Physical activity appears to reduce microglial activation and improve cognition in the aging human brain, researchers report.
A new framework reveals Alzheimer's disease is far more complex than previously believed. Rather than being a disease where the same causes produce the same outcomes, researchers found three different models for the disease, each with its own characterizations and dynamics.
Older adults who sleep less than 4.5 hours, or more than 6.5 hours per night and who experience sleep disruptions are at greater risk of cognitive decline, researchers report.
In both aging human and mouse experiments, researchers identified a link between the MEF2 gene and cognitive resilience. Findings suggest enhancing MEF2 activity could protect the brain against age-related dementia.
While the positive impact of breastfeeding on babies is well known, little is known about the positive benefits for the mother. A new study reveals women who breastfed their children performed better on cognitive tests at age 50 than those who fed their children with an alternative method.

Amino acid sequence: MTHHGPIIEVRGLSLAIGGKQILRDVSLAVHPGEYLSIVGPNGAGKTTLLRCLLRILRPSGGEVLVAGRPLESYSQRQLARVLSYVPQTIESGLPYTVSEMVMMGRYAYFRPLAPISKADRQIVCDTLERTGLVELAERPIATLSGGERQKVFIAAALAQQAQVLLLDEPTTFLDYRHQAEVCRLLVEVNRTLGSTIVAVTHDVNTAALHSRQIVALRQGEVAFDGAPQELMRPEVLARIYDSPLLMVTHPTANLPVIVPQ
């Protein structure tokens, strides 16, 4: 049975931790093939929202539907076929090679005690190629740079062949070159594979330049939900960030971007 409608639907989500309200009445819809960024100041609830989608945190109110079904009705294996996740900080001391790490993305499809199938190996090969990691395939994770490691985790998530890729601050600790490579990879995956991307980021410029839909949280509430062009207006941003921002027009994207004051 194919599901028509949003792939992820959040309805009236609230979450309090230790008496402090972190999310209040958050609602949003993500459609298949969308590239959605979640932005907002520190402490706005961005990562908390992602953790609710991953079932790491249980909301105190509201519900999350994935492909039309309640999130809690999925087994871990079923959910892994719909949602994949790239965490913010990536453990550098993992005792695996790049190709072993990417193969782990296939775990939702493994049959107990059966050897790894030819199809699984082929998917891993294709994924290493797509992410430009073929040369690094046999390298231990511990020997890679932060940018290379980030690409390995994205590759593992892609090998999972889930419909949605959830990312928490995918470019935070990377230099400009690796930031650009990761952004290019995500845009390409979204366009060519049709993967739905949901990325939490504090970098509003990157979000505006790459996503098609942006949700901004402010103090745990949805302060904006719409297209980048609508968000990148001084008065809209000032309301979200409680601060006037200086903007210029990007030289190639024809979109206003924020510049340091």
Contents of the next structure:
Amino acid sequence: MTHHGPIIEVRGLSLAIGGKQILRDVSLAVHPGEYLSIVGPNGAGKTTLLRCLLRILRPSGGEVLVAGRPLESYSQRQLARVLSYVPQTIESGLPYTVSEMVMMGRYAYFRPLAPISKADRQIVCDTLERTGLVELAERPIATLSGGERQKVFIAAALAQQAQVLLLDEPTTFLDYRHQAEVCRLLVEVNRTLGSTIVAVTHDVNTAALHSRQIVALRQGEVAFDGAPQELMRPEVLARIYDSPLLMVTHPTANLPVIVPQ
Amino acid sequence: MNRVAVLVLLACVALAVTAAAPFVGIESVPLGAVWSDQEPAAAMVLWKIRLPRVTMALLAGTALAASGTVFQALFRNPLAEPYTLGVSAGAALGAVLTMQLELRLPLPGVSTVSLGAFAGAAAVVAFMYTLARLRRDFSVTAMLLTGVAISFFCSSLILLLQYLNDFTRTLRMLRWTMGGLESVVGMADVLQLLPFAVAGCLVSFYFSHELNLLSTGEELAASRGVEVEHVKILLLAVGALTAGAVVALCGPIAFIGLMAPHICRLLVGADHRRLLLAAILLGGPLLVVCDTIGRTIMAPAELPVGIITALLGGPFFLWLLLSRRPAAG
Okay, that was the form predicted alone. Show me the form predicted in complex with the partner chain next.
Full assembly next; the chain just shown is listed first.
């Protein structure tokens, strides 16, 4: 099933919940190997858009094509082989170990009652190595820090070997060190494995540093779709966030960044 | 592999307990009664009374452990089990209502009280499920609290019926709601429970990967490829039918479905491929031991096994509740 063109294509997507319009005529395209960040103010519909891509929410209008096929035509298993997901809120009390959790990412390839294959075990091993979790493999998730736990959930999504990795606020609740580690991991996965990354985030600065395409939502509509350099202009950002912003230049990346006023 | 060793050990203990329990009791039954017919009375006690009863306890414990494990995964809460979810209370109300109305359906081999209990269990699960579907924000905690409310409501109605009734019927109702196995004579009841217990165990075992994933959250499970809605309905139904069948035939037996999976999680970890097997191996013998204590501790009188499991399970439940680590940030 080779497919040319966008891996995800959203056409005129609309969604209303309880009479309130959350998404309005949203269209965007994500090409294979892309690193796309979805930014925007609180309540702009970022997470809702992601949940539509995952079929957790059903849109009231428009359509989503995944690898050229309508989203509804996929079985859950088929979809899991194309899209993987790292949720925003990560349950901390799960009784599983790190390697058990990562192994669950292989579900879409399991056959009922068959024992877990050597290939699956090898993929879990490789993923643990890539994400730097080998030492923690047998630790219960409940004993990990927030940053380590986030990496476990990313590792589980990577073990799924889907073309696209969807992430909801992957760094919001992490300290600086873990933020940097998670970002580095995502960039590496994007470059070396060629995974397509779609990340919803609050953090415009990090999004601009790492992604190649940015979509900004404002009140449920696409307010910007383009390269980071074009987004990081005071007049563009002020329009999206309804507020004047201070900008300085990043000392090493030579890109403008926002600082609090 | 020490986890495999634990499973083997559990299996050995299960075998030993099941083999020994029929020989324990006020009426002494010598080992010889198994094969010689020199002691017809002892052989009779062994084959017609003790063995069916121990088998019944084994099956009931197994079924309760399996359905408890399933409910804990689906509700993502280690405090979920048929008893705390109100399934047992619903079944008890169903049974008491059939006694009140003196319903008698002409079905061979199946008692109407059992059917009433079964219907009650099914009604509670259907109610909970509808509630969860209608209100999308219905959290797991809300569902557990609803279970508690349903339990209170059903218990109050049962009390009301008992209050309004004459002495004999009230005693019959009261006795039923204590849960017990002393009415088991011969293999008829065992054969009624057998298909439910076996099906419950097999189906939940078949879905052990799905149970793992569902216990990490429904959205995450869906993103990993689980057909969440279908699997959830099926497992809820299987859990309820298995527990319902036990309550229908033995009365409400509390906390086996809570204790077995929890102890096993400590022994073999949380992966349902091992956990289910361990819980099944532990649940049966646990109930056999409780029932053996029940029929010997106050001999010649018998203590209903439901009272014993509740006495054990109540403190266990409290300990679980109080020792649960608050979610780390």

A new study reveals how adipocytes, or fat cells, play a role in cognitive decline and increased neurodegeneration risks. Using genetically modified mouse models, researchers found oxidative stress through exposure to a Western diet increased the production of inflammatory cytokines confined to adipocytes and altered protein markers of memory and cognition in the hippocampus.
People with genetic risks for Alzheimer's disease may exhibit changes in brain structure and reduced performance in cognitive tests long before symptoms of the neurodegenerative disease become obvious.
PET study finds early accumulation of the tau protein in the brain is a better predictor of Alzheimer's associated memory decline than amyloid plaque accumulation or cerebrospinal fluid biomarkers.
Higher glucose levels detected by a two-hour glucose test were an accurate predictor of poorer performance in tests of episodic memory ten years later.
Researchers have identified four cognitive profiles associated with menopause. Findings reveal women who experience stronger verbal learning and memory, in addition to better attention and executive function during menopause, are less likely to experience hot flashes and depression. Women who experienced cognitive weakness had an increased risk of depression and sleep disruptions.